That’ll be crucial against a Virginia Tech defense that is coming off a seven-sack game against East Carolina. The Hokies were relentless in getting to ECU quarterback Shane Carden and took away the short passing attack that usually helps keep that pass rush at bay. There are two parts to that success — Tech’s pass coverage has been outstanding, and it’s defensive line has been extremely active. James Gayle gets a lot of the acclaim on the line, and deservedly so, but J.R. Collins has more sacks this year with three, andDadi Nicolas might be the end that d-line coach Charley Wiles gets most excited talking about. It’s a deep group, to say the least. The secondary is helping them out. Freshmen cornerbacks Kendall Fuller and Brandon Facyson have been as good as advertised. Fuller has been solid and Facyson has three picks in three games. Marshall will be a challenge, but Tech has only allowed 106.3 passing yards per game, second fewest nationally, and that’s despite playing two pretty good passing offenses in Alabama and East Carolina.
Edge: Virginia Tech
When Marshall runs
Like I mentioned before, the Herd isn’t one-dimensional. It has run for 214.7 yards per game this year, highlighted by tailbacks Steward Butler and Essray Taliaferro. Taliaferro starts and is averaging 4.2 yards per carry. But Butler has been more explosive of the two, with a 9.1-yard per carry average and 282 yards and three touchdowns in three games. Cato (4.8 ypc) is more of a threat to run than Carden was last week, so that’s one more thing to worry about. The offensive line has some veterans, which helps. Center Chris Jasperse has 28 starts and right tackle Garrett Scott 24. The biggest advantage Marshall has is pace. The Herd ran over 90 plays a game last year and will try to crank things up this week. When the defense is tired, those running plays become more effective.
That’s why Tech will have to keep the defense off the field as much as possible. The Hokies did a great job of it last week. ECU, another fast-paced team, ran only 54 plays last week, in part because Tech held the Pirates to only 3 of 11 on third-down chances. A big reason was the fact that the Hokies held ECU to 46 rushing yards. The d-line clamped down up front and Tech got active games out of their primary tacklers. Linebacker Tariq Edwards had his best day since returning from leg and knee injuries that kept him out almost all of last year, with 5 tackles. 2.5 tackles for a loss, 1.5 sacks and an interception, looking every bit like the player who was poised to break out at the end of 2011. The Hokies will need him, linebacker Jack Tyler and safeties Kyshoen Jarrett and Detrick Bonner to continue to be active in stopping the run, especially against a team that will require the Hokies to be in their nickel package almost exclusively.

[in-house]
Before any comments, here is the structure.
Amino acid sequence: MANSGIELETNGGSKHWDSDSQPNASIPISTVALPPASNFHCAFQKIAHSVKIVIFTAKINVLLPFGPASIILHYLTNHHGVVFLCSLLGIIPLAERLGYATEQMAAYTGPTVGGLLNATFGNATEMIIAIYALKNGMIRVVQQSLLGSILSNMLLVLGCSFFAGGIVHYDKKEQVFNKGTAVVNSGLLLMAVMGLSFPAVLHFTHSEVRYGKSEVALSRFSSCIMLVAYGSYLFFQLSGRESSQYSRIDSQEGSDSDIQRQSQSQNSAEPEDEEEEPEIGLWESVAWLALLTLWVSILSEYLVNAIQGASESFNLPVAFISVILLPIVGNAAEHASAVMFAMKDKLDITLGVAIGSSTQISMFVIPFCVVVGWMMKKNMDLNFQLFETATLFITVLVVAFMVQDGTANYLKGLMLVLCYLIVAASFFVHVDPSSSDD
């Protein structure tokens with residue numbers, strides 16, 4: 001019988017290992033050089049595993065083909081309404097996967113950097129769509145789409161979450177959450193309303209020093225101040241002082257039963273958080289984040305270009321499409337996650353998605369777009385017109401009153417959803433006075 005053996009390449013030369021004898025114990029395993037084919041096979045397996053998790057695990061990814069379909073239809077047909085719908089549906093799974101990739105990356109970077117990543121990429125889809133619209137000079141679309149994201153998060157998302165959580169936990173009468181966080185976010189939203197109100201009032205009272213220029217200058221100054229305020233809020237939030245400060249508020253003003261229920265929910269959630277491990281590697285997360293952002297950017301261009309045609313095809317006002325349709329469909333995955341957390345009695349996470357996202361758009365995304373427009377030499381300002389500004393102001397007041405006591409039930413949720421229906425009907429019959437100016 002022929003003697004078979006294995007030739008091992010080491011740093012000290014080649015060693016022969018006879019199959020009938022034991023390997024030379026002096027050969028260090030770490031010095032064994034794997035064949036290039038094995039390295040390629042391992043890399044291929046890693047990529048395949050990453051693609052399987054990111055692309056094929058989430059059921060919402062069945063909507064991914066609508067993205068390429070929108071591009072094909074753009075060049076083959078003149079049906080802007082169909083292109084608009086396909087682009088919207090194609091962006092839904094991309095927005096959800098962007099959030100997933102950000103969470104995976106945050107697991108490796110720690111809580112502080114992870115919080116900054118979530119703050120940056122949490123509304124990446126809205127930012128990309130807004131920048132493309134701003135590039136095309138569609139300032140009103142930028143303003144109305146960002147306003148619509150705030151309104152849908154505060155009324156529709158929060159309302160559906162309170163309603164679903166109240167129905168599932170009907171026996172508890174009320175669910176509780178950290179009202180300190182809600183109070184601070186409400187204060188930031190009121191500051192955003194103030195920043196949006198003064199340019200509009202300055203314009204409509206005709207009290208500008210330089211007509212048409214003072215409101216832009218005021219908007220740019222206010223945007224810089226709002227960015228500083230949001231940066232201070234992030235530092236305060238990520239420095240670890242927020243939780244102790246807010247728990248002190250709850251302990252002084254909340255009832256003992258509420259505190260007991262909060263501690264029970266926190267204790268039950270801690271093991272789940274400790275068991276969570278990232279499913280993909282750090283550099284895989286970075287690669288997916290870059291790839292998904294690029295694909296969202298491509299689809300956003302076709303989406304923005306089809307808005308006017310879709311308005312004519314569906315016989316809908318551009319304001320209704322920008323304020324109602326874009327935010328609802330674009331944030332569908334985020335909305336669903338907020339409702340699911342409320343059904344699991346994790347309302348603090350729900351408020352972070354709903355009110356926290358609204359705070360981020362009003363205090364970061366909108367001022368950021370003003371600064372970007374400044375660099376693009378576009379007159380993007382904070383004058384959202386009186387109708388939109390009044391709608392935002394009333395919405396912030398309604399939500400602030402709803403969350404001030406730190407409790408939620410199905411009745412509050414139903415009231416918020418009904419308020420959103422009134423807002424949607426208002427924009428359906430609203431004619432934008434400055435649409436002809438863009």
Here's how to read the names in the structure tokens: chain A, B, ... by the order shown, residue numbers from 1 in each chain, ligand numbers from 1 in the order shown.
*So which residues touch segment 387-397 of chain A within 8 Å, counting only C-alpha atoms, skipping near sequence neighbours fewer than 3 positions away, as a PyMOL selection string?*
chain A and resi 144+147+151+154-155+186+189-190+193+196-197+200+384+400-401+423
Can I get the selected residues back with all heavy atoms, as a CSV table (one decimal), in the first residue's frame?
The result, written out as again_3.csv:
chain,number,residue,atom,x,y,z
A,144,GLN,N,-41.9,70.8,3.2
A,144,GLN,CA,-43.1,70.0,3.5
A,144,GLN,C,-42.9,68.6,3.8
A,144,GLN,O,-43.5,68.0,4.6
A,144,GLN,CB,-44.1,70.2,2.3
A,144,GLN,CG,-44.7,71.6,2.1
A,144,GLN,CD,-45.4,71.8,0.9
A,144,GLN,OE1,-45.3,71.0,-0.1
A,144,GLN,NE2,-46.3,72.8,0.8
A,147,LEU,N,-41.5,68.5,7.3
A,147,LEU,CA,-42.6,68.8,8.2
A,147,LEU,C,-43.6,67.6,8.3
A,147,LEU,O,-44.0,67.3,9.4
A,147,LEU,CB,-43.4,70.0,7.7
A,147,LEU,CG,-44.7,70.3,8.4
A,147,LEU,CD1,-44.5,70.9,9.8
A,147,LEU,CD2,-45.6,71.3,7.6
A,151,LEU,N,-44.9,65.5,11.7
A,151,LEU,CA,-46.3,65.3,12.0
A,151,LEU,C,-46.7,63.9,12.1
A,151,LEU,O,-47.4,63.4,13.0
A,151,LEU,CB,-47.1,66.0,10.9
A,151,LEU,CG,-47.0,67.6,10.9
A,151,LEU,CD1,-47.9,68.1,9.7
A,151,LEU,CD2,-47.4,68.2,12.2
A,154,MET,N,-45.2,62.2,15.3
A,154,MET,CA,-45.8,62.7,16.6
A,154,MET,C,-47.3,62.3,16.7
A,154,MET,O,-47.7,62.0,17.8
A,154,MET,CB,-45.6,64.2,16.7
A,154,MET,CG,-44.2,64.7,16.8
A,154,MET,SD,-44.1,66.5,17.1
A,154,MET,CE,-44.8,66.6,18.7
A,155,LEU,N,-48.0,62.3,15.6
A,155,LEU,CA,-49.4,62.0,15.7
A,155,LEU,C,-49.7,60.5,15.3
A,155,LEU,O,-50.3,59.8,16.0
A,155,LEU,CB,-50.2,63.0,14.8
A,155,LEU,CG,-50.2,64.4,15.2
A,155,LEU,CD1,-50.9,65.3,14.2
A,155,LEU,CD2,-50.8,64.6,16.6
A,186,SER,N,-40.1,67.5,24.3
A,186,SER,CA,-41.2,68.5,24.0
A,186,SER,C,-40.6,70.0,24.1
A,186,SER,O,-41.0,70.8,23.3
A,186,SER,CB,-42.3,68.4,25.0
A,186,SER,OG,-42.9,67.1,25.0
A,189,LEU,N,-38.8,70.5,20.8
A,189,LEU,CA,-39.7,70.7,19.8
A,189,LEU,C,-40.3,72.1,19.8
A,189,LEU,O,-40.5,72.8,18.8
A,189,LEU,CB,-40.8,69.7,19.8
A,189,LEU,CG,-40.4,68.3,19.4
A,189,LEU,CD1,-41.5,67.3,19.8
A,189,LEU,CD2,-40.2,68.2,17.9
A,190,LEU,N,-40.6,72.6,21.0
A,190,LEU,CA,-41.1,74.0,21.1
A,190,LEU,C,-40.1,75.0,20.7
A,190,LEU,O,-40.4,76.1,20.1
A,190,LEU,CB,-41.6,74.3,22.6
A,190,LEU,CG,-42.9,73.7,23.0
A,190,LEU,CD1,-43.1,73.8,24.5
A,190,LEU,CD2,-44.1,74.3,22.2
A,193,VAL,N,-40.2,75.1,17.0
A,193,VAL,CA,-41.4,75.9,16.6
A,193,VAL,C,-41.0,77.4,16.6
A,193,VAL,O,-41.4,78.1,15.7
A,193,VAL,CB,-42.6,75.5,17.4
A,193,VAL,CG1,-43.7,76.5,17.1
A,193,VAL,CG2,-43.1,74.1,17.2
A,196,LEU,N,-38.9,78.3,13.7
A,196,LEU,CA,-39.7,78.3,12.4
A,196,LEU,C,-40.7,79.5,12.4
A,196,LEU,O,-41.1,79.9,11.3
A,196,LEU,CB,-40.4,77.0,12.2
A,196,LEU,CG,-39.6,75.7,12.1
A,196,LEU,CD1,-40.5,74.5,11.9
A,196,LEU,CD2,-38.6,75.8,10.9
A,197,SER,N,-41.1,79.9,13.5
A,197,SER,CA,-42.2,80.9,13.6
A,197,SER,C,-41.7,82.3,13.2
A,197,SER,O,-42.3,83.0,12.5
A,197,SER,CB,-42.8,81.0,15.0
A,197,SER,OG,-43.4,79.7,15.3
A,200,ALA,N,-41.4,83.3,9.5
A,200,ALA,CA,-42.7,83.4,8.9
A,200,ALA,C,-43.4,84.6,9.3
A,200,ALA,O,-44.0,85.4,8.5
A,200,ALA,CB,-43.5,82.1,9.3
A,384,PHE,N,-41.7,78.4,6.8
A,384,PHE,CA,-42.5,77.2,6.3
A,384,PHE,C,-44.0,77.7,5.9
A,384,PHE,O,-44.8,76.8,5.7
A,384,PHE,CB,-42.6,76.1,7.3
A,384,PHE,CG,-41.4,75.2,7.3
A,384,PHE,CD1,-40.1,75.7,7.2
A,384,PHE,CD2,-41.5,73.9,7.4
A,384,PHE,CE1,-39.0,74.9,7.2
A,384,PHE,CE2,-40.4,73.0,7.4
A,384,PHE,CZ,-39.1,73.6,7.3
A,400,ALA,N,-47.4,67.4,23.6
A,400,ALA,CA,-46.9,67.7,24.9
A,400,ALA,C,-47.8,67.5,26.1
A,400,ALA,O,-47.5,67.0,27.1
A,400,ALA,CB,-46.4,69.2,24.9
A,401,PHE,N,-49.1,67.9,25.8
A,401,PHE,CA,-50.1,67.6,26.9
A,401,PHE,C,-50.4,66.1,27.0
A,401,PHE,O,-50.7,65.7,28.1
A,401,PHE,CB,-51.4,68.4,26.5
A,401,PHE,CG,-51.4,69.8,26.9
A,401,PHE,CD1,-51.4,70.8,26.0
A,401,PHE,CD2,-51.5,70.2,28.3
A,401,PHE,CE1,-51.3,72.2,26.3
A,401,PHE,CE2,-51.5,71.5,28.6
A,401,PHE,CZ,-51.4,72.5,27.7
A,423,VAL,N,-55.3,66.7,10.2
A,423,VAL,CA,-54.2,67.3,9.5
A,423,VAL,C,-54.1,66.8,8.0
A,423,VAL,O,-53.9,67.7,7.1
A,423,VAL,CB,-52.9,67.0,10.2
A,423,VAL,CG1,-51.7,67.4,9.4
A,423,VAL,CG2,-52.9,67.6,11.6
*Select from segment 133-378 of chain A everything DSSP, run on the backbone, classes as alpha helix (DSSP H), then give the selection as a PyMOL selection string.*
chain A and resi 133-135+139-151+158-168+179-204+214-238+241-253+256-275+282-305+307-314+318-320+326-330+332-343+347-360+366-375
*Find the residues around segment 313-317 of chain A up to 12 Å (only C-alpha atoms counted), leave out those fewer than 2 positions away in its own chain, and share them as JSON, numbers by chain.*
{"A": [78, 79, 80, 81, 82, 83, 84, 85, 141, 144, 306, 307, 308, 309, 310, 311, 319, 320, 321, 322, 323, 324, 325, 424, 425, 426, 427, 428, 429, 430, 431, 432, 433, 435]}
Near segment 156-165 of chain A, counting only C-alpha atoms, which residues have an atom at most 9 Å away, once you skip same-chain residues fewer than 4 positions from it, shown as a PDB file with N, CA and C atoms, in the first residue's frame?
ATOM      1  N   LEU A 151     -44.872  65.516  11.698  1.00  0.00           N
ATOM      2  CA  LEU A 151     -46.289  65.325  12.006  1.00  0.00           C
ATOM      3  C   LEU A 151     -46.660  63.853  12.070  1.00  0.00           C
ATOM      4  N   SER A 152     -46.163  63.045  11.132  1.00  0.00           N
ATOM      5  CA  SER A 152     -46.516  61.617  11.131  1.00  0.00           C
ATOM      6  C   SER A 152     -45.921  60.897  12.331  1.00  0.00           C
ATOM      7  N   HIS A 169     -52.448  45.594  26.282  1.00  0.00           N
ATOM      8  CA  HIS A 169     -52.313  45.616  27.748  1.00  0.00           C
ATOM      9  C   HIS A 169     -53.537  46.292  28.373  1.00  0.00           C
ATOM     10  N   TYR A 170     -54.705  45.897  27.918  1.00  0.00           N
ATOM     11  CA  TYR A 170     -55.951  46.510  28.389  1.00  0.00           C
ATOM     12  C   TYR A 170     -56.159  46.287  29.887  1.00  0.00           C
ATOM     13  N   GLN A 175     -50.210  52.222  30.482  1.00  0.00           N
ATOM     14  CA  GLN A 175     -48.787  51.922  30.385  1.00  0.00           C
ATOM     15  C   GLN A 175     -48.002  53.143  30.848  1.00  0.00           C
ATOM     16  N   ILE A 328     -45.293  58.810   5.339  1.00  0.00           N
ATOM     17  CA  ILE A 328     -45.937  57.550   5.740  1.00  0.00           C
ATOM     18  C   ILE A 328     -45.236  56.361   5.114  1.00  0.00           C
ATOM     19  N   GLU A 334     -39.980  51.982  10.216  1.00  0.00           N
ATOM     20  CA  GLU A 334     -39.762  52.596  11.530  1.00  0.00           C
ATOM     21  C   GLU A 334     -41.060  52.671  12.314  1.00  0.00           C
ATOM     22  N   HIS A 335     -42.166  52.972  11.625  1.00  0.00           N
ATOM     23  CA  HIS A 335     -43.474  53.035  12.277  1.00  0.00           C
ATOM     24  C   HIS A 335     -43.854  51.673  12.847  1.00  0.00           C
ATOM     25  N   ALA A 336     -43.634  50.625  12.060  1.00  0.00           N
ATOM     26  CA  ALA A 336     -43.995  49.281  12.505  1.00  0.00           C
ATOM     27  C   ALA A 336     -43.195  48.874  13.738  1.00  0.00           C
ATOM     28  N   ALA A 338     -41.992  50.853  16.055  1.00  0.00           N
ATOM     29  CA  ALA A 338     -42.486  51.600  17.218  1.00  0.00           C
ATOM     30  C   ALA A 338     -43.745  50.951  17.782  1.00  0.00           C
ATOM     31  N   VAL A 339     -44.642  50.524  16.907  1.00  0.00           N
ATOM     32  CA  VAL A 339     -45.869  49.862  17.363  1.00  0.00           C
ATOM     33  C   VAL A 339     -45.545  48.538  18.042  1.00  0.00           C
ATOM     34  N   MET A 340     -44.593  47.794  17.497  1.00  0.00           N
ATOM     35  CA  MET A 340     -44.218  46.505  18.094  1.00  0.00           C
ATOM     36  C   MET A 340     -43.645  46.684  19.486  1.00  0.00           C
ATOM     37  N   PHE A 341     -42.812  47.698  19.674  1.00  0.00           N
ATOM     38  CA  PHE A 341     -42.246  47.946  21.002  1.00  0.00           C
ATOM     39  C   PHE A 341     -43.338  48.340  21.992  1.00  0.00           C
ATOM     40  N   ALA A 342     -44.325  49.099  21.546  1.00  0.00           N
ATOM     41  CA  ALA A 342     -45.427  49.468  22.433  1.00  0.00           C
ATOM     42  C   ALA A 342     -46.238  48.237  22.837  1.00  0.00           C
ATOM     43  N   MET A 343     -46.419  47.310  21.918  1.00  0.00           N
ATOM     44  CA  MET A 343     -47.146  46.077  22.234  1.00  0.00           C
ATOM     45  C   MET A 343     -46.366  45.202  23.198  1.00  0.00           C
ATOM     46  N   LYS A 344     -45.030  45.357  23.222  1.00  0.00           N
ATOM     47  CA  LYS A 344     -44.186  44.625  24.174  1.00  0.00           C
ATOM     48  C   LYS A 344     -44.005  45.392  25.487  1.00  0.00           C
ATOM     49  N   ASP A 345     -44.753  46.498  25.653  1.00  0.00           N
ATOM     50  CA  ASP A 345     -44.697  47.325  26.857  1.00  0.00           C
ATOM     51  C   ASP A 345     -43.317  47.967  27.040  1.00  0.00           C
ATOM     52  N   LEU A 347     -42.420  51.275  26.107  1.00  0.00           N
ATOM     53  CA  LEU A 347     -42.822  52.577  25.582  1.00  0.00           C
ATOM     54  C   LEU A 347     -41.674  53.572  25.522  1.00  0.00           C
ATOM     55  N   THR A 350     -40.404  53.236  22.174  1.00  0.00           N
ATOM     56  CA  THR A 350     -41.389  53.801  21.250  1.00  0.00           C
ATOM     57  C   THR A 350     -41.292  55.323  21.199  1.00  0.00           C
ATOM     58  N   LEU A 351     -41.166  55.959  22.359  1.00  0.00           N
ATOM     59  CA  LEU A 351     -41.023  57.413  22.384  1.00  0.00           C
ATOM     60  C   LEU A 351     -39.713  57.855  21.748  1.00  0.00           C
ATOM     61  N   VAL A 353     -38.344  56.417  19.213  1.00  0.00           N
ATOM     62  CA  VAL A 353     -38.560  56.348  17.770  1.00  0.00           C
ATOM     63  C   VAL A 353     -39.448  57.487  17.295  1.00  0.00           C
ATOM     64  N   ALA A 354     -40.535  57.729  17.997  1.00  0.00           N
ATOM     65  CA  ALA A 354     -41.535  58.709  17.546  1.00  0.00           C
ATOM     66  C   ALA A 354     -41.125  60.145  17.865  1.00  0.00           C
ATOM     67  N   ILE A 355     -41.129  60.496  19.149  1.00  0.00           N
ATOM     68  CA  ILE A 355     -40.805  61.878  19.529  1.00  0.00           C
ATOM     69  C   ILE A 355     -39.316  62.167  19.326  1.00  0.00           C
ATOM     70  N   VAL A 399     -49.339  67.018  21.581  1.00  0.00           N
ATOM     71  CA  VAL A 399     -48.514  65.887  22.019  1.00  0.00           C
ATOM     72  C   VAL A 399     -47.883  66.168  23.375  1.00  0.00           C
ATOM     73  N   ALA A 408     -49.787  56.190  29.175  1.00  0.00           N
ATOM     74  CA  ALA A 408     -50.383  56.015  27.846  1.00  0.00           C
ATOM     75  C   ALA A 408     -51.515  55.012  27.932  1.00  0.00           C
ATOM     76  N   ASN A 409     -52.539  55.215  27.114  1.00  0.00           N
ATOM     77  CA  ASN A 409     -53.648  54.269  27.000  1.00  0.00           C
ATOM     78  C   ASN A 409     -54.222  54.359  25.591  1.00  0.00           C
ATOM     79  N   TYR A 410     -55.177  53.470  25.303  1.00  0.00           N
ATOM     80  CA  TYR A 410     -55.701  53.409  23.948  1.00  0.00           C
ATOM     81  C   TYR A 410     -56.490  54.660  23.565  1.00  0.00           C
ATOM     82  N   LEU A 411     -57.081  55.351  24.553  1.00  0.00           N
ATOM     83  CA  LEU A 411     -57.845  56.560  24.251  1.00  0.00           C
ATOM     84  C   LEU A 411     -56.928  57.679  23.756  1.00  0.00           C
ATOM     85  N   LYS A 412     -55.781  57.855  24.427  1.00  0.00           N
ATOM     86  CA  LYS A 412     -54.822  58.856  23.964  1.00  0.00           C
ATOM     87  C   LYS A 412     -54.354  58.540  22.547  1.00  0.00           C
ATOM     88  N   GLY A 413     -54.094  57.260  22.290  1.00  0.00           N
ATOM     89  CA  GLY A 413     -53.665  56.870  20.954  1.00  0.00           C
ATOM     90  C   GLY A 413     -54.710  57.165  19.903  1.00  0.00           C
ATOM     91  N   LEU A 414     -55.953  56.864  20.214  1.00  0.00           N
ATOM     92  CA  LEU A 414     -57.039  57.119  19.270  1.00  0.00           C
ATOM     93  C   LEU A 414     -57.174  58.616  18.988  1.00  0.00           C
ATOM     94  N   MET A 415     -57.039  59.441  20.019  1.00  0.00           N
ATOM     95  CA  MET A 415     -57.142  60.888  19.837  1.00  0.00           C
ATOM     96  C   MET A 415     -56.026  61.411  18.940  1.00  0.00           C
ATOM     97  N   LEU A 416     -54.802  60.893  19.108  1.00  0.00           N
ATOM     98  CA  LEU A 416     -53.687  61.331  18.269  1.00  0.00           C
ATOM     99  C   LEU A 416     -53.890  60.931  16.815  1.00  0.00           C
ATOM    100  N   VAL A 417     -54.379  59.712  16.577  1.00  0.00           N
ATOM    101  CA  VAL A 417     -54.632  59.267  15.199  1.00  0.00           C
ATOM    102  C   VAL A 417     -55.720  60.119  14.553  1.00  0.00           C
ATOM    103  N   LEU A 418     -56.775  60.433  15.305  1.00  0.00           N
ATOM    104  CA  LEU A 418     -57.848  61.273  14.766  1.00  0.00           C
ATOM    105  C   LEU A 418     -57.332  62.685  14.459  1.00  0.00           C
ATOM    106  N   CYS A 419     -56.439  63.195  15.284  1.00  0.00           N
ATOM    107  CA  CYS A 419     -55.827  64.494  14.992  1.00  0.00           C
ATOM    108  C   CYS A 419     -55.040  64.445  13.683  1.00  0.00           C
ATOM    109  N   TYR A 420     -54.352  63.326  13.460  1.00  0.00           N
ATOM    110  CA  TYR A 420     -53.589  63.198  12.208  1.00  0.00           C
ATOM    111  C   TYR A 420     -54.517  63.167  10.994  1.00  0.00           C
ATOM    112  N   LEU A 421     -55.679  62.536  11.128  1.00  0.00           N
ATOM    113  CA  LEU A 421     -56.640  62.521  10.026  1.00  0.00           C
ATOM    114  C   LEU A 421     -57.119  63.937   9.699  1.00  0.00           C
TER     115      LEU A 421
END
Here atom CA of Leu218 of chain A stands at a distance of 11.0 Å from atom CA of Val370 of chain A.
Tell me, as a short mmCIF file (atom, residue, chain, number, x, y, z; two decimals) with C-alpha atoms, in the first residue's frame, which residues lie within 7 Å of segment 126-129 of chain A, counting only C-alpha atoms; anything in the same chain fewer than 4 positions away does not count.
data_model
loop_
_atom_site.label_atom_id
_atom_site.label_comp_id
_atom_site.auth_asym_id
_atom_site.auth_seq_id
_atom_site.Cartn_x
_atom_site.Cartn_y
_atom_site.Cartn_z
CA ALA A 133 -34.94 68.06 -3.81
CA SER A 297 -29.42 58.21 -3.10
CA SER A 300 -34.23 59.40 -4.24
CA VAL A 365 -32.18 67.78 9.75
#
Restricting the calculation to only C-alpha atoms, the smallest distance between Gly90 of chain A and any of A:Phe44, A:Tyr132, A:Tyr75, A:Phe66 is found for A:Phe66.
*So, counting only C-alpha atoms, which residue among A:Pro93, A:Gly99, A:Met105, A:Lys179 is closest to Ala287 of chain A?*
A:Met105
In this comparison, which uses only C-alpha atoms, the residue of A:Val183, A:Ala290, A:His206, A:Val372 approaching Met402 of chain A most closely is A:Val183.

Edge: Virginia Tech
Marshall kicker Justin Haig is 4-for-5 this year, coming off a season in which he was 13-for-16, so he’s solid. The Herd has been mediocre at punting, with an average net of 34 yards, which is 97th nationally (of course, it has only punted 10 times this year, so that’s a small sample). The team’s kickoff and punt returns are decidedly average. In fact, a muffed punt led to a fumble recovery in th end zone for a touchdown last week by Ohio. And Marshall’s punt coverage (17.25 yards per return) is somehow worse than Virginia Tech’s (15.44 yards). Which would seem to give the advantage to the Hokies, if not for …
Cody Journell and his kicking struggles. The normally reliable kicker had a off day to say the least at East Carolina, missing an extra point and two field goals and being bailed out on another miss by a running into the kicker penalty. He said the problems were physical, but those can become mental very quickly, and you can never really tell how a kicker will handle the pressure until he’s in a game. Punter A.J. Hughes (44.6 avg.) has done well, although he seems to have at least one bad punt that pops up every game that often proves costly (Alabama return for a TD, East Carolina’s FG). Although the coverage teams have shown improvement since the opener, the kickoff return game has been horrible. The Hokies rank 121st nationally, averaging just 16.5 yards per return. At this point, it might be better to just take the touchback and get the ball at the 25.
This category usually comes down to whatever side has a coordinator getting the most out of a particular unit. And right now, it’s hard to top the level Bud Foster has his defense playing. The Hokies have been a finely tuned defensive machine so far, giving them a leg up in this category. Bill Legg has his Thundering Herd offense playing well, but Foster has been able to push the right buttons with this defense to shut down a pair of prolific offenses so far this year. The Loefffler-Heater matchup will be interesting, just because of their backgrounds. The only time they faced off, Loeffler’s Michigan team got the better of Heater’s Florida squad in the 2008 Capital One Bowl, a high-scoring shootout. Neither of those coaches have near the personnel that was on the field that day, however, so it’s tough to use that for a comparison.
Edge: Virginia Tech
I agree with the sentiment this week that Marshall is a better team than East Carolina. And the Pirates gave the Hokies all they could handle, even though the missed kicks really kept last week’s game closer than it should have been. But Tech is also playing at home, where, for whatever reason the last two years, it has looked like a completely different team than on the road. I think Marshall will try to attack the Hokies’ offense the same way ECU did last week — shut down the run and take its chances in the air. Thomas and Co. did just enough last week for Virginia Tech to come away with that win and, given the success it hard in the air, should be coming in with some confidence in the passing game for a change. That could open thing up on the ground. Considering how well Foster’s defense has played so far, I think there’s a good chance the Hokies will be able to limit how much damage Cato is able to do. I do not think Marshall is a pushover, though, and think this will be a closer game than the line suggests. I’ll take the Hokies in a closer-than-expected win.
Prediction: Virginia Tech 24, Marshall 20